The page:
Station Casinos’ Durango resort model unveiled last week at the company’s flagship property Red Rock Resort was supposed to excite guests for Southern Nevada’s next premier casino destination tailored towards locals. But the scaled model of the forthcoming $750 million undertaking is leaving many scratching their heads.
Station is building its Durango resort along Durango Drive just south of the 215 Beltway near Ikea. The resort has been in the works for many years, the locals casino giant acquiring the 71 acres of dirty more than two decades ago.
— Vital Vegas (@VitalVegas) August 18, 2022
Station execs, led by billionaires Frank III and Lorenzo Fertitta, believe now is a most fitting time to expand the company with a new upscale locals destination. But appeasing residents in the community by not building structures excessively high has resulted in some criticism of the casino’s plans.
Paved Paradise, Put Up a Huge Parking Lot
The Durango model’s most noticeable component for many upon first glance is the resort’s expansive parking lots. In an effort to appease local concerns regarding obstructing neighboring residential communities’ views, Station Casinos opted to keep Durango’s buildings relatively low.
As a result, the casino’s current blueprint includes a small parking garage but the vast majority of guests arriving via personal automobile will need to utilize the casino’s sprawling parking lots. The paved parking areas take up the majority of the model space displayed at Red Rock.
Casino.org’s Scott Roeben, Las Vegas’ most in-the-know insider, tweeted that Durango will certainly have ample parking. But his VitalVegas followers on Twitter didn’t hold back their sentiments on the vast parking lots instead of a large garage adjacent to the casino.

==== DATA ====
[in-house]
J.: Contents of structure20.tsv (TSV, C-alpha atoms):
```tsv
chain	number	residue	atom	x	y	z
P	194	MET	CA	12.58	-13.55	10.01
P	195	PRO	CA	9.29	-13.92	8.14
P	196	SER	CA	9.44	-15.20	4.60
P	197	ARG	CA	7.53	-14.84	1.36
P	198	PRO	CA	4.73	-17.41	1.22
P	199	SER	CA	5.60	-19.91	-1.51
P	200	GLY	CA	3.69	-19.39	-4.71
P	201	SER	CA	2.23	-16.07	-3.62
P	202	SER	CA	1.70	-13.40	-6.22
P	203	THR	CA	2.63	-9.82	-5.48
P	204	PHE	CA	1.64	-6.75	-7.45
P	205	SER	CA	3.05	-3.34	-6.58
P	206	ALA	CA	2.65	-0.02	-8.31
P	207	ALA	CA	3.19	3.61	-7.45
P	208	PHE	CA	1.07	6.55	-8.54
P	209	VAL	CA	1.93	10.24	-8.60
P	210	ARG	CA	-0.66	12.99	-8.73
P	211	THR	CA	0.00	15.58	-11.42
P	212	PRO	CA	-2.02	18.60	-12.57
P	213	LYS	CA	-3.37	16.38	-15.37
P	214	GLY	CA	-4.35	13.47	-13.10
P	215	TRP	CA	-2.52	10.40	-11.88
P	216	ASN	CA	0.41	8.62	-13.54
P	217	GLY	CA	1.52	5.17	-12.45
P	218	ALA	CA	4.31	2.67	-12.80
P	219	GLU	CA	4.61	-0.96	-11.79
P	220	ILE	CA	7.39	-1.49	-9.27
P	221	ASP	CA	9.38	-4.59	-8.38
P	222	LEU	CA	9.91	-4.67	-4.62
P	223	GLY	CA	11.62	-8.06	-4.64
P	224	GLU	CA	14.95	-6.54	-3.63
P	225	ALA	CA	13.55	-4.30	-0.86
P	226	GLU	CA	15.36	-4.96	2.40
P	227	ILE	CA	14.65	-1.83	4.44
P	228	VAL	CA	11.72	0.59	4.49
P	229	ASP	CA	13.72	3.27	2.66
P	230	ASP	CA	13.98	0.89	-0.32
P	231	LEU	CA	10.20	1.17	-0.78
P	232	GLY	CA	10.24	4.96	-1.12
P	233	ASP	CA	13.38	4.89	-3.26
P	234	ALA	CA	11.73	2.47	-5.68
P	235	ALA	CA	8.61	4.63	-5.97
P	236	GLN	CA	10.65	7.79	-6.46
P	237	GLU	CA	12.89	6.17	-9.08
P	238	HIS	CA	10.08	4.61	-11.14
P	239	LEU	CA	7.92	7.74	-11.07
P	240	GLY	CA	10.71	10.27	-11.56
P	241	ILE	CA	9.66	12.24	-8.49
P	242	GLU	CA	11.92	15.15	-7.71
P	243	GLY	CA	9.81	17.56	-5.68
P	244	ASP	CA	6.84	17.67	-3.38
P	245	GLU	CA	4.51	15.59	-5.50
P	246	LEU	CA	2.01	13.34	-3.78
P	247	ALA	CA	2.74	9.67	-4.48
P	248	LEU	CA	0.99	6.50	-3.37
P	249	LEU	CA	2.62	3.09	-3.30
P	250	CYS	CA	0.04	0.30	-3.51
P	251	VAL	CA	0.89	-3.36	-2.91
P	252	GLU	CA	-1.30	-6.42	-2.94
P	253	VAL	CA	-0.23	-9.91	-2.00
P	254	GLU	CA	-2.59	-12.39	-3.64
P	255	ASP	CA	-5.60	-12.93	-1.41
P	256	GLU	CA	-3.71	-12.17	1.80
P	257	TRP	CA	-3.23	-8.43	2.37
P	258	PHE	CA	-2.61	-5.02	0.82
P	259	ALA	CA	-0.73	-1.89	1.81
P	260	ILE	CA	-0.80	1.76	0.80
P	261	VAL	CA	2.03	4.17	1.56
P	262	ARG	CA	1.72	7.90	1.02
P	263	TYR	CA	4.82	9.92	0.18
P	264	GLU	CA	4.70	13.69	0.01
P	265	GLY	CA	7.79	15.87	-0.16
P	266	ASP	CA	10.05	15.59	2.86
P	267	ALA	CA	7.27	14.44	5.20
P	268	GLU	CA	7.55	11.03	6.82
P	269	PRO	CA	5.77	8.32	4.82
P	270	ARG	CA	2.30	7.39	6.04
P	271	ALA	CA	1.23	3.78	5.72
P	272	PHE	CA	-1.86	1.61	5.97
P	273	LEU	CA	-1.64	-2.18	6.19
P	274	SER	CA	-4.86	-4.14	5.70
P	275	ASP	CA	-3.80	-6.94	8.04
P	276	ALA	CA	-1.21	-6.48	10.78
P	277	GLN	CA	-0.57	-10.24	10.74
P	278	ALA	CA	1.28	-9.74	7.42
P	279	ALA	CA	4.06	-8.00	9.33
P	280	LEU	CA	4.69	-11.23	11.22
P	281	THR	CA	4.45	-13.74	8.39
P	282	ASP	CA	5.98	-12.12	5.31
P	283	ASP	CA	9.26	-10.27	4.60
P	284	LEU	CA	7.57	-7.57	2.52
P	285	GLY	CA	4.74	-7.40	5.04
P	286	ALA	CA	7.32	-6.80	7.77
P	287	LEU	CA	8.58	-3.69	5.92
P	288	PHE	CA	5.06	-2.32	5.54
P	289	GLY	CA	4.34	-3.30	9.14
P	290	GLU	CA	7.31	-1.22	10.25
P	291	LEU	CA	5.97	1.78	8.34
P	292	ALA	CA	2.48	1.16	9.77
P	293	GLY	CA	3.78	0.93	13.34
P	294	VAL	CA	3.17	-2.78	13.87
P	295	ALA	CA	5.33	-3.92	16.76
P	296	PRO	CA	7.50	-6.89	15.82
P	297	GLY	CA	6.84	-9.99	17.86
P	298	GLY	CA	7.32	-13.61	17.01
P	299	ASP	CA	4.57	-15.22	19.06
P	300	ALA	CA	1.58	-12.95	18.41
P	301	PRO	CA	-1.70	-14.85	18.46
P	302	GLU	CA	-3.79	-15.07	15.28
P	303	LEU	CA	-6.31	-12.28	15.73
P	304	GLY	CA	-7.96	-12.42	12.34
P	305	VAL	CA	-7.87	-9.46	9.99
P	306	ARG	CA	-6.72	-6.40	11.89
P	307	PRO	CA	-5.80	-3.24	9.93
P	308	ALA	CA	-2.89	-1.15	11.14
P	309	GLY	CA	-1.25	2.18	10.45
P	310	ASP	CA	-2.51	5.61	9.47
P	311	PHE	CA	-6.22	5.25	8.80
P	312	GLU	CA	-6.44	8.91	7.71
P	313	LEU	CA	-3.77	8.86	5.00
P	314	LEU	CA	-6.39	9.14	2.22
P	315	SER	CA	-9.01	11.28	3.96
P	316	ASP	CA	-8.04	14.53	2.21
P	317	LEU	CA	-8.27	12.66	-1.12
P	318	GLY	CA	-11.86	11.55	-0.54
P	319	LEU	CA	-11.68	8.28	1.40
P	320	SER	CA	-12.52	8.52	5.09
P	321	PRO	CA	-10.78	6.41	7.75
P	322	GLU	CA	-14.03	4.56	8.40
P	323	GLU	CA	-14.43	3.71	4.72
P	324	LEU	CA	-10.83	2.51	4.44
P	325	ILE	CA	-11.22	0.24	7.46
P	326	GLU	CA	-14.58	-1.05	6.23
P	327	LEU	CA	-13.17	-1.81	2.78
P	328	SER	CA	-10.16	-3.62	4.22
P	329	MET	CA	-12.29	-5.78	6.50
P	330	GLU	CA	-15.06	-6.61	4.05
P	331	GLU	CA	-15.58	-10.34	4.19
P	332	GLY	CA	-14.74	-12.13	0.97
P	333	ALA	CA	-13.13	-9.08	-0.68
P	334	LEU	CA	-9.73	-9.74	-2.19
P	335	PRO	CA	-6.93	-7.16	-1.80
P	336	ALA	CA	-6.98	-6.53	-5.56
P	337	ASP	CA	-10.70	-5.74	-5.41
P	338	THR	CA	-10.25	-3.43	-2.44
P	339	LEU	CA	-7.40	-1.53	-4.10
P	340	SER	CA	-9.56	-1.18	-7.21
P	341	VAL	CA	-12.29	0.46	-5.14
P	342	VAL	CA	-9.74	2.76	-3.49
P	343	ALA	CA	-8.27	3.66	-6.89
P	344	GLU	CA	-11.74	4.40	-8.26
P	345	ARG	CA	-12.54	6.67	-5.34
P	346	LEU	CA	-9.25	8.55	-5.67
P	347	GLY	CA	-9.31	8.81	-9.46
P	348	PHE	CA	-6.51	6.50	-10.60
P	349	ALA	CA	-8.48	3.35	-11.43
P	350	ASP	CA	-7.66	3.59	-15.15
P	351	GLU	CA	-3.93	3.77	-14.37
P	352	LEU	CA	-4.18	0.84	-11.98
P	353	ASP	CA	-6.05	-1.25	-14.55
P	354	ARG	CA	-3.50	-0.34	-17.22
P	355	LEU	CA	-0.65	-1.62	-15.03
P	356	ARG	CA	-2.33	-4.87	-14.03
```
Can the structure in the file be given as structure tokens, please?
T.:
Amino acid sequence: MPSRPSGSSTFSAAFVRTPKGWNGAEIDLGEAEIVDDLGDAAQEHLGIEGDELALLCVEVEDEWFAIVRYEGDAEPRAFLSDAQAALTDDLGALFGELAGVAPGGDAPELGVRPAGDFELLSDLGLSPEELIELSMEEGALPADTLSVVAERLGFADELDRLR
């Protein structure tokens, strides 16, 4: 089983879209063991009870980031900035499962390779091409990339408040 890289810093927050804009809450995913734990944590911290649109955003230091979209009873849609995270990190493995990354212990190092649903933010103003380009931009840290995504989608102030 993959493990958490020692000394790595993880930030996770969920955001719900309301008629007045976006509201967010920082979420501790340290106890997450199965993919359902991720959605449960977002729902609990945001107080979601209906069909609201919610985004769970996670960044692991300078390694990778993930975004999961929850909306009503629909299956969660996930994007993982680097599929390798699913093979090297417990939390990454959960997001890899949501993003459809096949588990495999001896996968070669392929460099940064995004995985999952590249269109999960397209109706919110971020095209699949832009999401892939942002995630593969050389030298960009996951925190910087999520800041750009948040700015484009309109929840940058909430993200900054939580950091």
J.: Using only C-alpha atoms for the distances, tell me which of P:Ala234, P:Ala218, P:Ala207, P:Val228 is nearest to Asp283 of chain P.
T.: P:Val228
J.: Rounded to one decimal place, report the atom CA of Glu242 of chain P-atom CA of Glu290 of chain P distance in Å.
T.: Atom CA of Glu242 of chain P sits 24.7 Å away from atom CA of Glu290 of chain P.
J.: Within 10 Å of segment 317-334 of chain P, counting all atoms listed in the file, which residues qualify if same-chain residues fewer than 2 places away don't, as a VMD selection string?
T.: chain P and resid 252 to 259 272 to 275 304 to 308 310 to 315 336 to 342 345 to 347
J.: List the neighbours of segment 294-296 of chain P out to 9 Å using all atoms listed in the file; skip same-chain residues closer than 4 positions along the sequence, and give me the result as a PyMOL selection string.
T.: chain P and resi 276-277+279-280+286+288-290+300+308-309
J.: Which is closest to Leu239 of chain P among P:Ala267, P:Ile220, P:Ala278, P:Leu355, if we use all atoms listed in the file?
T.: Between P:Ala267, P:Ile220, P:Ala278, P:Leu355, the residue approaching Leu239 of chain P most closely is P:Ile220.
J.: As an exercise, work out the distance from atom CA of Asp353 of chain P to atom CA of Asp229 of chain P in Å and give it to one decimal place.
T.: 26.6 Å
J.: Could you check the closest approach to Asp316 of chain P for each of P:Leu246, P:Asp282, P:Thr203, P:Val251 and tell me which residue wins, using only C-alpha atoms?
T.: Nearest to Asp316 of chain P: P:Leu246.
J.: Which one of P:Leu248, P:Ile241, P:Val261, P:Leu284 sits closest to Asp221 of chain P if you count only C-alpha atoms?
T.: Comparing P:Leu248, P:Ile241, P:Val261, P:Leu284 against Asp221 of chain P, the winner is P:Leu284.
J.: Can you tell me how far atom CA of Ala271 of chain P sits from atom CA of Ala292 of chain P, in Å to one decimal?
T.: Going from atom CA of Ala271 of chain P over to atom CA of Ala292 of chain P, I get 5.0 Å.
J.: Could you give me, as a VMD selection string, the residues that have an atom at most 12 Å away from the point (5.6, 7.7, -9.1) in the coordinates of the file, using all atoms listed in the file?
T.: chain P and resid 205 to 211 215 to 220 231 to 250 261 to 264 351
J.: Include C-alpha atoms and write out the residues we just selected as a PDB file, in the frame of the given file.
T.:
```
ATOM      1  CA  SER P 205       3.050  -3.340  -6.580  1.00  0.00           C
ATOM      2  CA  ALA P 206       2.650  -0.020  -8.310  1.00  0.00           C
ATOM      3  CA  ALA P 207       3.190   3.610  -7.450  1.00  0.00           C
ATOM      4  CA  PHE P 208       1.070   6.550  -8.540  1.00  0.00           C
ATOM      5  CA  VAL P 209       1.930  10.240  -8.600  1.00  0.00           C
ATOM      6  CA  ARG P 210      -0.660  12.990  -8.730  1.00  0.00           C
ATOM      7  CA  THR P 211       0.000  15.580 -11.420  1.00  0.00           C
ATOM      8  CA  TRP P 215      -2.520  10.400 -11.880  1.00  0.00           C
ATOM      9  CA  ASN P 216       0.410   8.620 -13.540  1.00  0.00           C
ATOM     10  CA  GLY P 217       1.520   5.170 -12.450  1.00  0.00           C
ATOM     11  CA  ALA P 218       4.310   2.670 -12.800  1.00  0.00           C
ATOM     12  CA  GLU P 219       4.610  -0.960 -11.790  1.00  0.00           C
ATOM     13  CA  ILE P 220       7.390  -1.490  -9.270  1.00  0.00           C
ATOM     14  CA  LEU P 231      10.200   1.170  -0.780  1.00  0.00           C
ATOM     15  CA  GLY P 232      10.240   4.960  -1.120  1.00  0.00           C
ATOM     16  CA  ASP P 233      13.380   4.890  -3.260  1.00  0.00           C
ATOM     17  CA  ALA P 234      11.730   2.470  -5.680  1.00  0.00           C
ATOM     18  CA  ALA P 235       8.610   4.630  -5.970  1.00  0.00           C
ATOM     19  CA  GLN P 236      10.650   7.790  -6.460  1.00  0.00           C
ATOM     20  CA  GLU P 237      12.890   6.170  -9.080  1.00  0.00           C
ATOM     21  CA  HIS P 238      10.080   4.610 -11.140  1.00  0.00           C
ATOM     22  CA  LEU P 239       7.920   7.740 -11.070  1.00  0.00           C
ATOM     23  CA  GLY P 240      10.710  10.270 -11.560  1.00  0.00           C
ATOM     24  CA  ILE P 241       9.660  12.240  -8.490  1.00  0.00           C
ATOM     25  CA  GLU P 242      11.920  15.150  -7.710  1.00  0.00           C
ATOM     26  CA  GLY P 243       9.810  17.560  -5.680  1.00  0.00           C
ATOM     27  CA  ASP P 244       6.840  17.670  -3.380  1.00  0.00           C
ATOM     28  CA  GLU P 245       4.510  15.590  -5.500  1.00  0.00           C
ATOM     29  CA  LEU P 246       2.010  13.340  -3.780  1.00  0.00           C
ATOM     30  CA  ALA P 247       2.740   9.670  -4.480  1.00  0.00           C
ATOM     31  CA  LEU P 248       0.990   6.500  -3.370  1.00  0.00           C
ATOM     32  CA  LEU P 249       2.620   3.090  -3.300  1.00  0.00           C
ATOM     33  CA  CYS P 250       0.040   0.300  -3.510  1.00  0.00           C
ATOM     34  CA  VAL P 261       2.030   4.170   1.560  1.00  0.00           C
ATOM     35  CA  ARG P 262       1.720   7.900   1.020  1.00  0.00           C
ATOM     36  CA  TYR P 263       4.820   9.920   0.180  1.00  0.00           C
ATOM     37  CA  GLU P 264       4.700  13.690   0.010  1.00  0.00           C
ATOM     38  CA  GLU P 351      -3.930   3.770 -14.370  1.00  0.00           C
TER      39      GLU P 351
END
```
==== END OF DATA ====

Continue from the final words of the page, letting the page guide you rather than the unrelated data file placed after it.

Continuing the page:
Looks like it was designed by someone who’s never visited Vegas in the summer. Where’s the garage? Where is the shade? I won’t walk that far in the heat,” commented one Twitter user.
Guests parking in Durango’s more distant planned parking spaces will need to walk more than 1,000 feet to enter the casino — or nearly two-tenths of a mile.
Station Casinos says its Durango casino, like all of its casinos in Nevada, will not charge guests for parking.
Station Casinos officials say Durango will serve a need, as the area where the property is being built is currently without a casino within the immediate five-mile vicinity. The casino, the company adds, will bring new jobs to the area and other economic benefits.
“Station Casinos is bullish on the local and overall Las Vegas gaming market, which is why we are investing $750 million in Durango,” said Scott Kreeger, president of Station Casinos. “This brick-and-mortar investment will create thousands of construction and permanent jobs, generating tens of millions of dollars in economic impact and tax revenue to the state and county.”
Durango plans to offer guests a casino floor measuring 83,000 square feet that will blend both indoor and outdoor gaming spaces. The resort will feature 200 guestrooms, plus four signature restaurants complemented by a food hall concept with fast-casual options.
A resort pool with private cabanas and event lawn, and 20,000 square feet of meeting and convention space, are among the property’s amenities.
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